Thursday, January 17, 2008

Domain Driven Design in Java: Repositories and DAOs

I past the last days digging the net from some information about the implementation of the Repository pattern, as described in Domain Driven Design, in a typical java environment backed by frameworks like Hibernate and Spring.

It turned out that the situation is more complicated than I expected, and that pieces of information are scattered all around, mostly in newsgroups and blogs, so it took me a while to grasp the whole picture. Here is my summary.

The REPOSITORY specification

The original definition of the repository pattern, comes from Martin Fowler's Patterns of Enterprise Application Architecture, but the pattern itself is credited to Edward Hieatt and Rob Mee. The whole idea is to abstract access to the underlying database and provide the illusion of an in-memory collection of domain objects. Hmmm… sounds a lot like DAO to me. And also a bit like Hibernate's lazy-loading. In fact the two concepts of Repository and DAO, are quite similar: they're doing basically the same thing.

Repositories and DAOs

So the first question is "Are Repository and DAOs the same thing with a different name?". I am tempted to write "Yes!", and this will anyway be a legitimate answer in many cases ( some evidences can be found on the Spring Forum and on Christian Bauer's blog), but some differences in the way the two patterns are used were emerging there and there, so I kept on investigating. Going back to the source didn't help, cause both the original definitions are rather vague, at least in 2008 terms, and open to a wide range of implementation styles. So, even if the original definitions were largely overlapping, common habits in using the two patterns consolidated , making Repositories and DAOs two solution styles for approaching the same problem, with some small differences.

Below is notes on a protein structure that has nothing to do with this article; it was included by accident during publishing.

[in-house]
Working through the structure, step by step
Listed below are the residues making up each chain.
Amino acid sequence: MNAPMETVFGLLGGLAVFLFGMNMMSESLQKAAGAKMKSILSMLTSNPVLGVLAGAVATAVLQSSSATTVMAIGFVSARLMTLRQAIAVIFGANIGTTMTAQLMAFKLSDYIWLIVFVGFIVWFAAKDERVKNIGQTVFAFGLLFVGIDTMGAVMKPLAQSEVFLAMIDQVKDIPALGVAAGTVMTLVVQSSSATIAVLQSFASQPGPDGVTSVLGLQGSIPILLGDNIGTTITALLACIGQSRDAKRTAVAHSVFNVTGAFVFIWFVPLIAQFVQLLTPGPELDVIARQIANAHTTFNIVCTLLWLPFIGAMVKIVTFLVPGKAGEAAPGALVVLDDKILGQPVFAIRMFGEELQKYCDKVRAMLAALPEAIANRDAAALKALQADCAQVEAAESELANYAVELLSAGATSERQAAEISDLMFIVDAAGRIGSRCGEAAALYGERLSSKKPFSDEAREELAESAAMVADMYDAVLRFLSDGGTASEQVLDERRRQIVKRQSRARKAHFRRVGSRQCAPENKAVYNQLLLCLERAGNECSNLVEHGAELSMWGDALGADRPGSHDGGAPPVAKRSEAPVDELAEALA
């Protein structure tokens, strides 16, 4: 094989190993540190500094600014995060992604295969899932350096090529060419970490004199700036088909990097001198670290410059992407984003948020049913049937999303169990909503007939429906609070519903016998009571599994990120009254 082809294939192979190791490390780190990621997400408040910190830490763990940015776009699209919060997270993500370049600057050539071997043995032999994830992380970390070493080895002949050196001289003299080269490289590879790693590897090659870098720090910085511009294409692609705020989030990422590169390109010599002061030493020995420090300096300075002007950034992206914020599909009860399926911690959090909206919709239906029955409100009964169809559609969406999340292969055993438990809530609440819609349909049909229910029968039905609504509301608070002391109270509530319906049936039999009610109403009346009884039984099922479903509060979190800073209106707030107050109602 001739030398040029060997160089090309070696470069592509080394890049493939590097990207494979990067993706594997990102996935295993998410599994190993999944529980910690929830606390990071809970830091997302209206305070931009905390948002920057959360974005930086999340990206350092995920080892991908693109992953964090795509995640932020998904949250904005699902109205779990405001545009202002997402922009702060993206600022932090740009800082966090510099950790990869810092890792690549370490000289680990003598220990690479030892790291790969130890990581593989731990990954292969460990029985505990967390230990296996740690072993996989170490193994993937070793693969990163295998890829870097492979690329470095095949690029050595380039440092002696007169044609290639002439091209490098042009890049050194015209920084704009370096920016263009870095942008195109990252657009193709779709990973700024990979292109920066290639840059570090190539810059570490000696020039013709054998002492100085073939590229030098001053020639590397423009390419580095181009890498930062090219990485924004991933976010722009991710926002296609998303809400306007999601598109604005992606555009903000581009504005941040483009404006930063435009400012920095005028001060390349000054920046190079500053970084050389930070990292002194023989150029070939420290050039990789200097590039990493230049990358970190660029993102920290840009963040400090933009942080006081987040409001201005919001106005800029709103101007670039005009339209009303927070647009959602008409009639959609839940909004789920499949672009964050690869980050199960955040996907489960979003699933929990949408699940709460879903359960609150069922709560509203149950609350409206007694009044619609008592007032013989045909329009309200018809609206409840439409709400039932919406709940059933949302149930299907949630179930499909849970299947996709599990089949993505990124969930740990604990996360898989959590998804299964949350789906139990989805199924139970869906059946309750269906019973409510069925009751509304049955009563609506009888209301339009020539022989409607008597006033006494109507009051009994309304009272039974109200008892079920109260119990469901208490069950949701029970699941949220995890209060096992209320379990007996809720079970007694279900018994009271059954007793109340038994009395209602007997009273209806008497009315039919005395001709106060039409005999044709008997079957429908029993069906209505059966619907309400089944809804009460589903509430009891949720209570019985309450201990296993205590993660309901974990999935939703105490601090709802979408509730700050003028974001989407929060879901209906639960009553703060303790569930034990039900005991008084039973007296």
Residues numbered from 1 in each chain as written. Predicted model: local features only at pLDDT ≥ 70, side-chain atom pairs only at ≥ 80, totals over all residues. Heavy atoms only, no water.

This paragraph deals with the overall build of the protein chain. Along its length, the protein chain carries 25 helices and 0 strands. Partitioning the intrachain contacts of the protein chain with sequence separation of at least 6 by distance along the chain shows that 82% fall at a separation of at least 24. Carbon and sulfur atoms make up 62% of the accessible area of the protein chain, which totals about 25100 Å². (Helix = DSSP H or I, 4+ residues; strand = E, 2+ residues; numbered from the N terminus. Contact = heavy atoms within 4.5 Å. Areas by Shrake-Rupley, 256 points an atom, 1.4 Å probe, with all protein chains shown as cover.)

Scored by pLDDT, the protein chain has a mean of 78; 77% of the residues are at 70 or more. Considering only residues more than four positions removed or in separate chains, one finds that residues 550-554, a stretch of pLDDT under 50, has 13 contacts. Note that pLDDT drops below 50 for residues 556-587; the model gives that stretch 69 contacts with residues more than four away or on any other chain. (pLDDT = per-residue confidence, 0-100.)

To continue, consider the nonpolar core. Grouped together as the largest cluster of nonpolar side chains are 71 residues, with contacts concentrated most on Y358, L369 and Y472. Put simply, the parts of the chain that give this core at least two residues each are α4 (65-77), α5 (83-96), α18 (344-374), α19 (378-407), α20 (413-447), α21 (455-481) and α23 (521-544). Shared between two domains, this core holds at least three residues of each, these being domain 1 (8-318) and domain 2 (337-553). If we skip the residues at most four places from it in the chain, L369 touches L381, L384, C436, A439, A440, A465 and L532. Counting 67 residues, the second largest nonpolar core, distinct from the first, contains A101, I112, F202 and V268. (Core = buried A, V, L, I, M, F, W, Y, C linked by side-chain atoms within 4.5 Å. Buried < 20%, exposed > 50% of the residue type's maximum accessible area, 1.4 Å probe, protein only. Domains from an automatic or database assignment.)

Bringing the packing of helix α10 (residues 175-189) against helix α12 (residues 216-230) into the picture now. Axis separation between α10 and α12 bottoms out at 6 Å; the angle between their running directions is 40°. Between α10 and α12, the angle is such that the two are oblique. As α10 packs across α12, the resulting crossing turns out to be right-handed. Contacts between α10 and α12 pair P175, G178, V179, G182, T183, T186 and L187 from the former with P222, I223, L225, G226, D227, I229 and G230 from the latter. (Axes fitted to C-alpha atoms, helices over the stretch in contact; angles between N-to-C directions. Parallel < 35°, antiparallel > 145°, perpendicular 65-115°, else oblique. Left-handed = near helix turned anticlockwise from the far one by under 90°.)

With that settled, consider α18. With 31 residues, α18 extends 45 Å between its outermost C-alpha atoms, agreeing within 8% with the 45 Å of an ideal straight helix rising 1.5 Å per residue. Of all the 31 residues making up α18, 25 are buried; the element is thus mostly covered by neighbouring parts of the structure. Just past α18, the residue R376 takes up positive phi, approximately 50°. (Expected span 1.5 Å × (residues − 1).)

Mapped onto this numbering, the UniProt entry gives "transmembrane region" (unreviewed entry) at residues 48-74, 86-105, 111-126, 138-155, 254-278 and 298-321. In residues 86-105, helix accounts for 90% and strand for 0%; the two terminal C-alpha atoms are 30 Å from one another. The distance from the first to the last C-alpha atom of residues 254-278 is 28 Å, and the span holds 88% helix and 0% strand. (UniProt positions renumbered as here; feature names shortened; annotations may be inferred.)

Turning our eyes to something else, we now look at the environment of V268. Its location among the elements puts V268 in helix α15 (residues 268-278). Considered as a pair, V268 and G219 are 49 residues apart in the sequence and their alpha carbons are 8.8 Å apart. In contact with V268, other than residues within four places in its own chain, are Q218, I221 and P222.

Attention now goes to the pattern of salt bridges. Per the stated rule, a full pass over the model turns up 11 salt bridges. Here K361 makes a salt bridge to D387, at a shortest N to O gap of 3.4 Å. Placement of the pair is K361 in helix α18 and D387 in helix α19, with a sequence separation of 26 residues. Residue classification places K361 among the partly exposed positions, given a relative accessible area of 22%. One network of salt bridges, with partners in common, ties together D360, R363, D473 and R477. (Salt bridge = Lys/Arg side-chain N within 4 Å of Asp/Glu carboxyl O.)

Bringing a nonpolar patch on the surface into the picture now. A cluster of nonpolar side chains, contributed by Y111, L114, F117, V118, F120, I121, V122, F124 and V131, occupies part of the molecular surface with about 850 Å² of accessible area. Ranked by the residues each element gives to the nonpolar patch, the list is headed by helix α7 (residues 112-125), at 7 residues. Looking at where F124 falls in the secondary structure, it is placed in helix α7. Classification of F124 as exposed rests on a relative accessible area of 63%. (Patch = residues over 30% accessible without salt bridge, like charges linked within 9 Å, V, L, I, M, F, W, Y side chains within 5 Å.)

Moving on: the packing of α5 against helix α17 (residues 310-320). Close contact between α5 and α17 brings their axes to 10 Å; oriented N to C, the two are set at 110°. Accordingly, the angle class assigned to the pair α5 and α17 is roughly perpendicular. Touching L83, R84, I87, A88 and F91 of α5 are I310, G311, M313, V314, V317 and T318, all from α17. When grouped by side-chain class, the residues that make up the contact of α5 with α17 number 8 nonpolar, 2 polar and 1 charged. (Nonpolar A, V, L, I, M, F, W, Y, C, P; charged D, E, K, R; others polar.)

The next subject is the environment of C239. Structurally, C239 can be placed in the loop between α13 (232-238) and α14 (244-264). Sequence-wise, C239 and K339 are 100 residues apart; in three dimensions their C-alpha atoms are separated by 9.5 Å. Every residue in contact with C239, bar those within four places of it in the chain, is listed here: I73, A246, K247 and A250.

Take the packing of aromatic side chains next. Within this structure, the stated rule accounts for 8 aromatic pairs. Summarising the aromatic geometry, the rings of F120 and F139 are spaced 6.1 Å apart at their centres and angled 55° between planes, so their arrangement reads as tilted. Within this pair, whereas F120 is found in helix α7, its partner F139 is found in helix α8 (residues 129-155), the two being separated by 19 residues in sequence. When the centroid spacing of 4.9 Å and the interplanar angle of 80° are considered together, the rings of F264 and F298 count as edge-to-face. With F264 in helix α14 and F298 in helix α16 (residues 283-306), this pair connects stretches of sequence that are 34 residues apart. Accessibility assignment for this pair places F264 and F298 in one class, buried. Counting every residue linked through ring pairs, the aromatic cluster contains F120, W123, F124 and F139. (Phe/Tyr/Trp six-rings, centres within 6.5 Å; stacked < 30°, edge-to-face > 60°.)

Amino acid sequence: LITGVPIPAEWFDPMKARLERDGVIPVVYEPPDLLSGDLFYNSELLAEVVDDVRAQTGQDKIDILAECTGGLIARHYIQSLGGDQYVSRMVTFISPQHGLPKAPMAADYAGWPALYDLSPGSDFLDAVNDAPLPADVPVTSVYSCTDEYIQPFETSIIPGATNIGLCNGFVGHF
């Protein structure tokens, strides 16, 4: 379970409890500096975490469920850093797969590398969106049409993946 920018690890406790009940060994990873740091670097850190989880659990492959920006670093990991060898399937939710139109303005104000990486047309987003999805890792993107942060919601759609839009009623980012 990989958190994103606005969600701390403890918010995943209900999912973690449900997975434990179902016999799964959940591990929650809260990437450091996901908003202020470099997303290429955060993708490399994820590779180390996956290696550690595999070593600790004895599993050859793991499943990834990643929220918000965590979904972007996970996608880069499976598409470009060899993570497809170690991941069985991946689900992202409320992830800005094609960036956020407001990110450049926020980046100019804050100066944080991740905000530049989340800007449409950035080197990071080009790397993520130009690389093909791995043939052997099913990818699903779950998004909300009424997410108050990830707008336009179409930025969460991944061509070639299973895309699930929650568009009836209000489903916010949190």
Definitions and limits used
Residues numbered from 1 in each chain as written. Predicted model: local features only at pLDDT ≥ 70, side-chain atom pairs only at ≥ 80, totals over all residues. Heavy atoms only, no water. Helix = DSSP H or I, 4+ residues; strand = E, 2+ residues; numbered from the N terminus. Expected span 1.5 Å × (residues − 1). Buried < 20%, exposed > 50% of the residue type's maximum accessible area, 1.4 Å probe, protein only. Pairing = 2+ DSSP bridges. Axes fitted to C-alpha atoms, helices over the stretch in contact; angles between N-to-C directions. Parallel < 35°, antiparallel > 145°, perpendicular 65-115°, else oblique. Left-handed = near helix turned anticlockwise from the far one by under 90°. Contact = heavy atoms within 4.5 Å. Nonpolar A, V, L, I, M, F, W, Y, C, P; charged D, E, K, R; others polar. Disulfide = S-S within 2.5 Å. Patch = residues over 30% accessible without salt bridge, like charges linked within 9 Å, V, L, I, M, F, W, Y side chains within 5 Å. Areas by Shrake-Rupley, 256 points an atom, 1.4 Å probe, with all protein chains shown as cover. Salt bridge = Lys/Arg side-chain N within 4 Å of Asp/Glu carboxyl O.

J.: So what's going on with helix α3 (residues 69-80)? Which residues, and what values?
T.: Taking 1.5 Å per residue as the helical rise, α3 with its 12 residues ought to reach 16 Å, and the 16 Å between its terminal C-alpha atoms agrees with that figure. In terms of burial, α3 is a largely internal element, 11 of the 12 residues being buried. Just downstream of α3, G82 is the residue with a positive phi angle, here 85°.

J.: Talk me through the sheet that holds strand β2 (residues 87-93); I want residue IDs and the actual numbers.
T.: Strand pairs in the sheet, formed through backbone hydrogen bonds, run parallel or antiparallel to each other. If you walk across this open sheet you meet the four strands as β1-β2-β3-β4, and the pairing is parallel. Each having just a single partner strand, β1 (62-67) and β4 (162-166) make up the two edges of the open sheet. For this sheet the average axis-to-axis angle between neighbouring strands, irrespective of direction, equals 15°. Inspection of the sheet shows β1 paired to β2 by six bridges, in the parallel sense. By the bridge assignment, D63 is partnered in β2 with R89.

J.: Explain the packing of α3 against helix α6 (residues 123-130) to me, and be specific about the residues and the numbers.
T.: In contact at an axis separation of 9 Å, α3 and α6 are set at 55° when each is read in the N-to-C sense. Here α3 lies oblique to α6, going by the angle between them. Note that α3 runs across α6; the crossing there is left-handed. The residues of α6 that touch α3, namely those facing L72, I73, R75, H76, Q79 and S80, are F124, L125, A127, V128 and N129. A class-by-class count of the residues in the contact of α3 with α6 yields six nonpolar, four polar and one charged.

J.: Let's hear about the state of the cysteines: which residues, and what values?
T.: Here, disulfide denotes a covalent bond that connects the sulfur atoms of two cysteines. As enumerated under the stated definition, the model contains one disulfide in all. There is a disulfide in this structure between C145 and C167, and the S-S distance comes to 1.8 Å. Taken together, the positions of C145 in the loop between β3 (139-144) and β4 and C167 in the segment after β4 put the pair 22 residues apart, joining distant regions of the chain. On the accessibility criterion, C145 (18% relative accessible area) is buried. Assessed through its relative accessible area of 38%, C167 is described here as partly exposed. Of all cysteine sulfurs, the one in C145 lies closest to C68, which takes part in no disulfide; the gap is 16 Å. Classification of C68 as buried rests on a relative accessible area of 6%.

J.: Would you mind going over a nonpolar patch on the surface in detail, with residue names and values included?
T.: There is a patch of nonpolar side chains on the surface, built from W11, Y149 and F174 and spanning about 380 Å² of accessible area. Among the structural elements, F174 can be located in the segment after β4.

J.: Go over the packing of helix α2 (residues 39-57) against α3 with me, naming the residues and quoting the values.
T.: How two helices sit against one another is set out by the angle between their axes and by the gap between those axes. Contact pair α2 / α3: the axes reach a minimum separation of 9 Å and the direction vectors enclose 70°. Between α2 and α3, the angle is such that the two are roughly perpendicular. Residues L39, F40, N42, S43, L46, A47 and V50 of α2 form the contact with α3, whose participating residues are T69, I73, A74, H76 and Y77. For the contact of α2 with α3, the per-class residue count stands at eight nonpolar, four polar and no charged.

1. DAOs are strictly tied to the underlying representation on a DBMS. The original specification is more generic, allowing for file-based persistence and the like. But the vast majority of DAOs are pointing to a DBMS. Moreover, commonly used persistence frameworks, such as Hibernate help a lot in managing database portability, so this is a smaller issue nowadays, than it used to be. As a result the DAO concept eventually downsized, to a "database access point" while Repositories are still intended to be generic.
  2. Repositories provide a more abstract view over the underlying data model, providing an interface strictly coherent with the domain. DAOs might be implemented basically in many ways, but frameworks and code generation tools tend to put the focus on the data structure rather than on the domain model. This is sometimes a tiny issue, sometimes just a matter of style, but in large systems can degenerate in a severe maintenance problem.
  3. Repositories enforce access to the persistence layer on a one-repository-per-aggregate basis, while DAOs are normally developed one-per-entity or one-per-table. So, repositories are more tied to the DDD concept of Aggregate Root and have a different granularity than DAOs. This definitely makes the most significant difference.

Somehow, the differences above are just a matter of taste, except for point 3. So objections are valid and discussion may result endless. But for now I'll just say that the two patterns are doing basically the same thing, although with different styles. There are differences, especially if approaching the matter from a DDD angle. What's left to say is if those differences are enough to make a choice between one pattern and another, or eventually to choose both.

For a more complete perspective, please read also part 2 and part 3.


Anonymous said...

Regarding the difference between Repository and DAO, one point of view seem to be that a Repository can be implemented by delegating to a DAO.

Here is a quote from DDD authour Eric in the DDD discussion group:
"If your infrastructure makes it much easier to return DAOs from whereever these things are being stored, then fetch the DAO *inside the repository* and use the data to create a Category object *inside the repository*. "

Alberto Brandolini said...

Hi, thanks for the link.

The main point here is that the pure DDD approach makes perfectly sense if one does not consider capabilities provided by frameworks, which have been evolving in the meanwhile. Being too strict on the DDD principles might make you lose the competitive edge of a newer technology, while going straight on the technology could make you stuck with code that's easy to write but definitely hard to evolve.
Unfortunately you're not so lucky to know all the project ecosystem in advance...